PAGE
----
Nevertheless we fully recognise the importance of diversity and tolerance of dissent in the overall process to transform both our country and the rest of our continent. Other Honourable Members also correctly drew attention to the important issue of the diversity that characterises our country, and sought to suggest what we should do to respond to it, respecting the necessary diversity of views in this regard.

But I believe that an important starting point in this regard is the approach taken by such Hon Members as Renier Schoeman and Annelize van Wyk among others.

As the Hon Members will recall, the Hon Renier Schoeman said:
"While being mindful of and sensitive to the pain and suffering and conflict of the past, and even of the present, I can, irrespective of my own past, play my full role in every way I can, to help build a South Africa that is caring and worthwhile and a better place for all its people....I must not only be proudly South African but I must also want this country to succeed and to play its rightful role in our continent....I must be part of an individual and a collective effort to actually make it succeed." The Hon Annelise van Wyk said: "I believe that the challenge now is to live for our country....South Africa and her people need us now. It needs all our talents, our commitment, our love and passion. We need to live for our country. We need to live for South Africa. That is the highest sacrifice we can now make." I believe that if we heed the advice of these Honourable Members, we will be able to do what the Hon Cassie Aucamp pledged his party to do, to "play its part positively to address (our) challenges and to solve (our) problems." The difficulties we face were highlighted in an article that appeared in one of the weekend newspapers this past Sunday. In this article, Prof Amanda Gouws, head of the political studies department at the University of Stellenbosch, in which she discusses the attitudes of students at Stellenbosch to the challenge of national reconciliation.

Among other things, she says: "What do we say to white students who claim they are too young to be responsible for apartheid injustices? "I hear this regularly in my politics classes. For many black students of the same age, the wounds of apartheid still hurt, but because they are in a minority in the classroom, the debate about reconciliation is always uneven and acrimonious.

"Collective guilt is difficult to explain to students who do not want to engage with apartheid history anymore. They believe reconciliation is a 'feel-good concept'. They think the truth came out during the TRC process, that victims have forgiven the perpetrators and that we now all live happily ever after.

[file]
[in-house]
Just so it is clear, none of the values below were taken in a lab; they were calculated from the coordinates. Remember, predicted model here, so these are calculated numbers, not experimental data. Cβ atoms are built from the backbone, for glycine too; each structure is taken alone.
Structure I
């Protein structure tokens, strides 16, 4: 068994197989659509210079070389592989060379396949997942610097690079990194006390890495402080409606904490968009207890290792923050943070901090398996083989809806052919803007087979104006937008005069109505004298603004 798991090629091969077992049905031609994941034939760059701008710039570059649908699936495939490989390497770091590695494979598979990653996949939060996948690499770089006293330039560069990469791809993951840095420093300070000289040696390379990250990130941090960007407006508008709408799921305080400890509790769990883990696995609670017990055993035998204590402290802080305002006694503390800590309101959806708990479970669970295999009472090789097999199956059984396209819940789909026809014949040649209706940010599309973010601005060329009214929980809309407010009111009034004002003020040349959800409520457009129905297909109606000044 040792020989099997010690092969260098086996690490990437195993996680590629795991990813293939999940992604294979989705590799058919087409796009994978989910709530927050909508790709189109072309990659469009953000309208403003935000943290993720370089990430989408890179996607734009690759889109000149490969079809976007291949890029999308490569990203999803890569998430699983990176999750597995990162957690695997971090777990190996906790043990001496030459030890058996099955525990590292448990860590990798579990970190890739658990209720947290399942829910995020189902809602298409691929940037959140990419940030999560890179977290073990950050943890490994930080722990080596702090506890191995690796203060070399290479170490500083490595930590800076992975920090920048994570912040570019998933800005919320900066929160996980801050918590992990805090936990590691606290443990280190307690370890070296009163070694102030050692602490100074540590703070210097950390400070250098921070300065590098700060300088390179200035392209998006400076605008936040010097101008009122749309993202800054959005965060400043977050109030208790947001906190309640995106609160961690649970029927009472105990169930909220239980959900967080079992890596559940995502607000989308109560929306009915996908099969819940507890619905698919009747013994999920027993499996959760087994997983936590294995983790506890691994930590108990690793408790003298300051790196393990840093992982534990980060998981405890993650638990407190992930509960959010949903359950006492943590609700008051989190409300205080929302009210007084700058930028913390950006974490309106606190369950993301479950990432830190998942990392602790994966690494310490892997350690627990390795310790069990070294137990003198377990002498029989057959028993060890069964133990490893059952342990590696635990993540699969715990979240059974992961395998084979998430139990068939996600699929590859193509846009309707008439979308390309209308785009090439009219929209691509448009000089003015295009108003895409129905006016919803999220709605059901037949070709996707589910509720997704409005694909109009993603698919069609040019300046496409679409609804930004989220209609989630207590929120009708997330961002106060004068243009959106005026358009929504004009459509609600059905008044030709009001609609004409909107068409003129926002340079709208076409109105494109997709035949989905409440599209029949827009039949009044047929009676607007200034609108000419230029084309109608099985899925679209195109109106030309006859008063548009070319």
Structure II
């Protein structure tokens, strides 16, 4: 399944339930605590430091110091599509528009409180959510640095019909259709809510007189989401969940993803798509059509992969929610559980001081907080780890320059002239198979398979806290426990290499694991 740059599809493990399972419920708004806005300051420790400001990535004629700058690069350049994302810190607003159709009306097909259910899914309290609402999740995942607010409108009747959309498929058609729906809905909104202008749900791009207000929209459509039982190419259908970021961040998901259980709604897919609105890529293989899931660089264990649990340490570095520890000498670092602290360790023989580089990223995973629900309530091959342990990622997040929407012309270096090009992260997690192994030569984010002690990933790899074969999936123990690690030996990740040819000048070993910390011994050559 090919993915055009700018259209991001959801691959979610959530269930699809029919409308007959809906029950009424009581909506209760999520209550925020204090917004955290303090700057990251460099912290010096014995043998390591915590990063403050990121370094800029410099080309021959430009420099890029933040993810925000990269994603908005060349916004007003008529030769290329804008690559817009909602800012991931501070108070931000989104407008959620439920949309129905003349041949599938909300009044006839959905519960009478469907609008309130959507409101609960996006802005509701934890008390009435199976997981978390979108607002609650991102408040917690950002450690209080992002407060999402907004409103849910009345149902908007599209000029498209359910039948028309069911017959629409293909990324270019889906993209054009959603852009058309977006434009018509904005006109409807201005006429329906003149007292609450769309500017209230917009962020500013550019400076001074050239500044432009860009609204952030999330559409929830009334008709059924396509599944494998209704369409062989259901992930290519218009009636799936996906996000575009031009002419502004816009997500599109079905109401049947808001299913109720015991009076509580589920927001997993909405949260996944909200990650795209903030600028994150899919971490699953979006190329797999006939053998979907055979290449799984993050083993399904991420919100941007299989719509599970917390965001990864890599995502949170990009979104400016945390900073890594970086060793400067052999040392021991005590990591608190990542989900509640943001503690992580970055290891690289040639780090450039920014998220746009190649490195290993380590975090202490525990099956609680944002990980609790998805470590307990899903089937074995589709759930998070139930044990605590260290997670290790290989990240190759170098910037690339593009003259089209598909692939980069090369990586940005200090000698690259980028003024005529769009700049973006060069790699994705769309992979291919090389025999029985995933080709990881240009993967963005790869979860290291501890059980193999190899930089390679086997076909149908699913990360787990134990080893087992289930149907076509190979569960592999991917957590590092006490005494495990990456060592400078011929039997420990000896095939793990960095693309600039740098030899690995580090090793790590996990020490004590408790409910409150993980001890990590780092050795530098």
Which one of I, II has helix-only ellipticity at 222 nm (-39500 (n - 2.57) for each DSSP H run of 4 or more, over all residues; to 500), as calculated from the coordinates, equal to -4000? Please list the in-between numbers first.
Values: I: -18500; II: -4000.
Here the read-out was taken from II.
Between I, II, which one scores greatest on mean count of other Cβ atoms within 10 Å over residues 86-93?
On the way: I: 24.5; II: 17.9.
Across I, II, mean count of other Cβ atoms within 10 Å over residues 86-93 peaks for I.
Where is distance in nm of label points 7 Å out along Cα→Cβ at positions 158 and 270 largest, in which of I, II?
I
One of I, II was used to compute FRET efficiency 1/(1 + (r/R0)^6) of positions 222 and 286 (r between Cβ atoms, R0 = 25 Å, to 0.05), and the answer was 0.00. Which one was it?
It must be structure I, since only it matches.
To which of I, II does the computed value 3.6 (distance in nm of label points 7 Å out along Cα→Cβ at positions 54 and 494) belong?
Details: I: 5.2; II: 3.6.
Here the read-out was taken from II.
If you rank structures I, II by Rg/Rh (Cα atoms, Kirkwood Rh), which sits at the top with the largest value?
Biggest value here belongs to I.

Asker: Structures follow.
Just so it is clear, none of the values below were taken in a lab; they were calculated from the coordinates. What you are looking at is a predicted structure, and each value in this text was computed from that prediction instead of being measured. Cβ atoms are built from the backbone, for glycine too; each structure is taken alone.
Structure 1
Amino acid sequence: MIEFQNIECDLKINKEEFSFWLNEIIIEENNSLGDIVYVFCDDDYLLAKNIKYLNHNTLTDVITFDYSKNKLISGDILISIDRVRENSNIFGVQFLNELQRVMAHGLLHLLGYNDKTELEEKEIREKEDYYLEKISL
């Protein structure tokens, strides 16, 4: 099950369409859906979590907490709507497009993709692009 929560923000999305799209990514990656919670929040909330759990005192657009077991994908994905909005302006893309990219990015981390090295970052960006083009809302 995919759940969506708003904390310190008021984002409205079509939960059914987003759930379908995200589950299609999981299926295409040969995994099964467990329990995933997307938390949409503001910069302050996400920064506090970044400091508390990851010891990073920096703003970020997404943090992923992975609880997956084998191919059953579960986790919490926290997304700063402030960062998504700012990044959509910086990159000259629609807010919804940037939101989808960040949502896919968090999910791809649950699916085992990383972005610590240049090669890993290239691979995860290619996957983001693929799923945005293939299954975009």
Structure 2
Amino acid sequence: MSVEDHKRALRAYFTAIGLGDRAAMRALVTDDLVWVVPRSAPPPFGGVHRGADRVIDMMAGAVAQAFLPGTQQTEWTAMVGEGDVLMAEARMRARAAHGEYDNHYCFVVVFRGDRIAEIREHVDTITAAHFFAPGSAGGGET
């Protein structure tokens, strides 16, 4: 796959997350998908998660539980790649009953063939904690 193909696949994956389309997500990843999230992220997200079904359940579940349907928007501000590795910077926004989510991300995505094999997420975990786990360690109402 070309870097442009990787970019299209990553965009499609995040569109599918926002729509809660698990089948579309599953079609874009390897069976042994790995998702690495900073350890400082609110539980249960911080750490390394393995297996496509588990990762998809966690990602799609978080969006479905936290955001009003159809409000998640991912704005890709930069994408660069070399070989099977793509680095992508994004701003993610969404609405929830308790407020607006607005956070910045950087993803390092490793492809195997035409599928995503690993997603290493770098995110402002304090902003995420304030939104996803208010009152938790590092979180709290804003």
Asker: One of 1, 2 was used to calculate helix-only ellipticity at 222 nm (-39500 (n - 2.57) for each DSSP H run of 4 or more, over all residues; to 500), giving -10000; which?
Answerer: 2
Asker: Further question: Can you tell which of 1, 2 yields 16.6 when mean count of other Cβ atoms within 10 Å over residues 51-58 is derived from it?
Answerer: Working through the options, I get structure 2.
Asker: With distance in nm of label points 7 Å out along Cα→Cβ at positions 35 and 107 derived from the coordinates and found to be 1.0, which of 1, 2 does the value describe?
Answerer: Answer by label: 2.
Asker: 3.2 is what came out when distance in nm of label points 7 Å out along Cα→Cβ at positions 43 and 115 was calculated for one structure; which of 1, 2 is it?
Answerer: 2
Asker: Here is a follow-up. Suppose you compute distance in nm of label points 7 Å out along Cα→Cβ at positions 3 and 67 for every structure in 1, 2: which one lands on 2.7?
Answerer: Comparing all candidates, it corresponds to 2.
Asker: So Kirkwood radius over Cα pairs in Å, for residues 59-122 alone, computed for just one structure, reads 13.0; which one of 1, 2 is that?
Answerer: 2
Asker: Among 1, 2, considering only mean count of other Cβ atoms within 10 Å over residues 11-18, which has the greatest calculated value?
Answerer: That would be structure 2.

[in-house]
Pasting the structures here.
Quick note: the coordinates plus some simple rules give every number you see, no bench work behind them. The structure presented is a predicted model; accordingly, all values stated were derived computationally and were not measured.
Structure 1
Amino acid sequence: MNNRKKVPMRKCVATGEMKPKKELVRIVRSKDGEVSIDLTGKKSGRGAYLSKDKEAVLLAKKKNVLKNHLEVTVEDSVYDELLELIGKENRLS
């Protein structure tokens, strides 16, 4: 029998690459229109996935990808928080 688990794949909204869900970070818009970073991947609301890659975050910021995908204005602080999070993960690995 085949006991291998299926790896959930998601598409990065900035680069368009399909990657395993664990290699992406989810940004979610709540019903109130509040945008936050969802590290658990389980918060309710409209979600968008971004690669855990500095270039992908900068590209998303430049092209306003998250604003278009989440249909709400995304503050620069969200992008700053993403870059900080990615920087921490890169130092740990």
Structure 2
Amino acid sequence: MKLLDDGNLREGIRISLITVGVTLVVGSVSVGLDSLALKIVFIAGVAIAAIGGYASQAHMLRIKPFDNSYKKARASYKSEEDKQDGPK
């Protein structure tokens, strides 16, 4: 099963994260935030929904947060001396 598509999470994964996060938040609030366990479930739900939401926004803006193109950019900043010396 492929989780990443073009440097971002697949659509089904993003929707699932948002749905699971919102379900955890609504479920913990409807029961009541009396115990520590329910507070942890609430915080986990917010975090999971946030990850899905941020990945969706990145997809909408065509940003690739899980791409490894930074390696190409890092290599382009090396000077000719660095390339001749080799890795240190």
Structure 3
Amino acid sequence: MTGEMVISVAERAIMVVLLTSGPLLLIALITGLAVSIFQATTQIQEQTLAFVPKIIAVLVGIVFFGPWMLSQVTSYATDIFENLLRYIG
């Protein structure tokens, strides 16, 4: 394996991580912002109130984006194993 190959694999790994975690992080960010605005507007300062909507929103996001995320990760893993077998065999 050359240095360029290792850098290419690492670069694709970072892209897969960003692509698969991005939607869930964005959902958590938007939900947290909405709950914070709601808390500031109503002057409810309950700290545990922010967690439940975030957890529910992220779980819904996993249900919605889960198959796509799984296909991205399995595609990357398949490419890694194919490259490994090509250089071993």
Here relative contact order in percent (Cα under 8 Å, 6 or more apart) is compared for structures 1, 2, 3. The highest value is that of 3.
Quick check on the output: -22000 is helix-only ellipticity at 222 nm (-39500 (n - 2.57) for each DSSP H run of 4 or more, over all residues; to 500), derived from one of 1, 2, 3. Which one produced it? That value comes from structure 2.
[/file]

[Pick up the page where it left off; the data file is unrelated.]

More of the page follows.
"To them the socio-economic dimension of reconciliation smacks of reverse discrimination where they have to 'pay the price for political decisions they were not involved in'.

"We have not yet moved beyond the politics of the past where we can have open debates about the past and where students can formulate their own position on reconciliation. Transformation is still viewed as something 'imposed from above'.... "The problem is that the university is still 'the host' welcoming 'the other' to an institutional culture where minority students have to accept the rules of an existing culture. Thus group politics, as they were in the past, remain the prevailing strategy.... "Interests are therefore defined in racial terms and not across racial boundaries....Students have not progressed beyond the us/them divide - clearly because white and black students do not share the same interests and have not developed a collective voice. Reconciliation is the status quo.

"A consequence of this perception of reconciliation is that white students can remain passive - they have to do nothing to change the status quo, while black students have to be politically engaged to change it.... "Thus the challenge remains: how can reconciliation be brought down to the grass roots level?" I have quoted Prof Gouws at some length because of the important matters she raises. I am convinced that all those among us who are genuinely interested in national reconciliation, ready to respond to the challenges our country faces, in the manner suggested by the Hon Members Renier Schoeman, Annelzi van Wyk, Cassie Aucamp and others, should study Prof Gouws' honest and frank observations with great attention.

Those of us who care to know the truth, as she has sought to establish it, know that what she describes is not peculiar to the University of Stellenbosch or merely to students. It describes a situation that continues to prevail throughout our society. Indeed, I have heard the sentiments shared by the students expressed in this very House with great passion and conviction.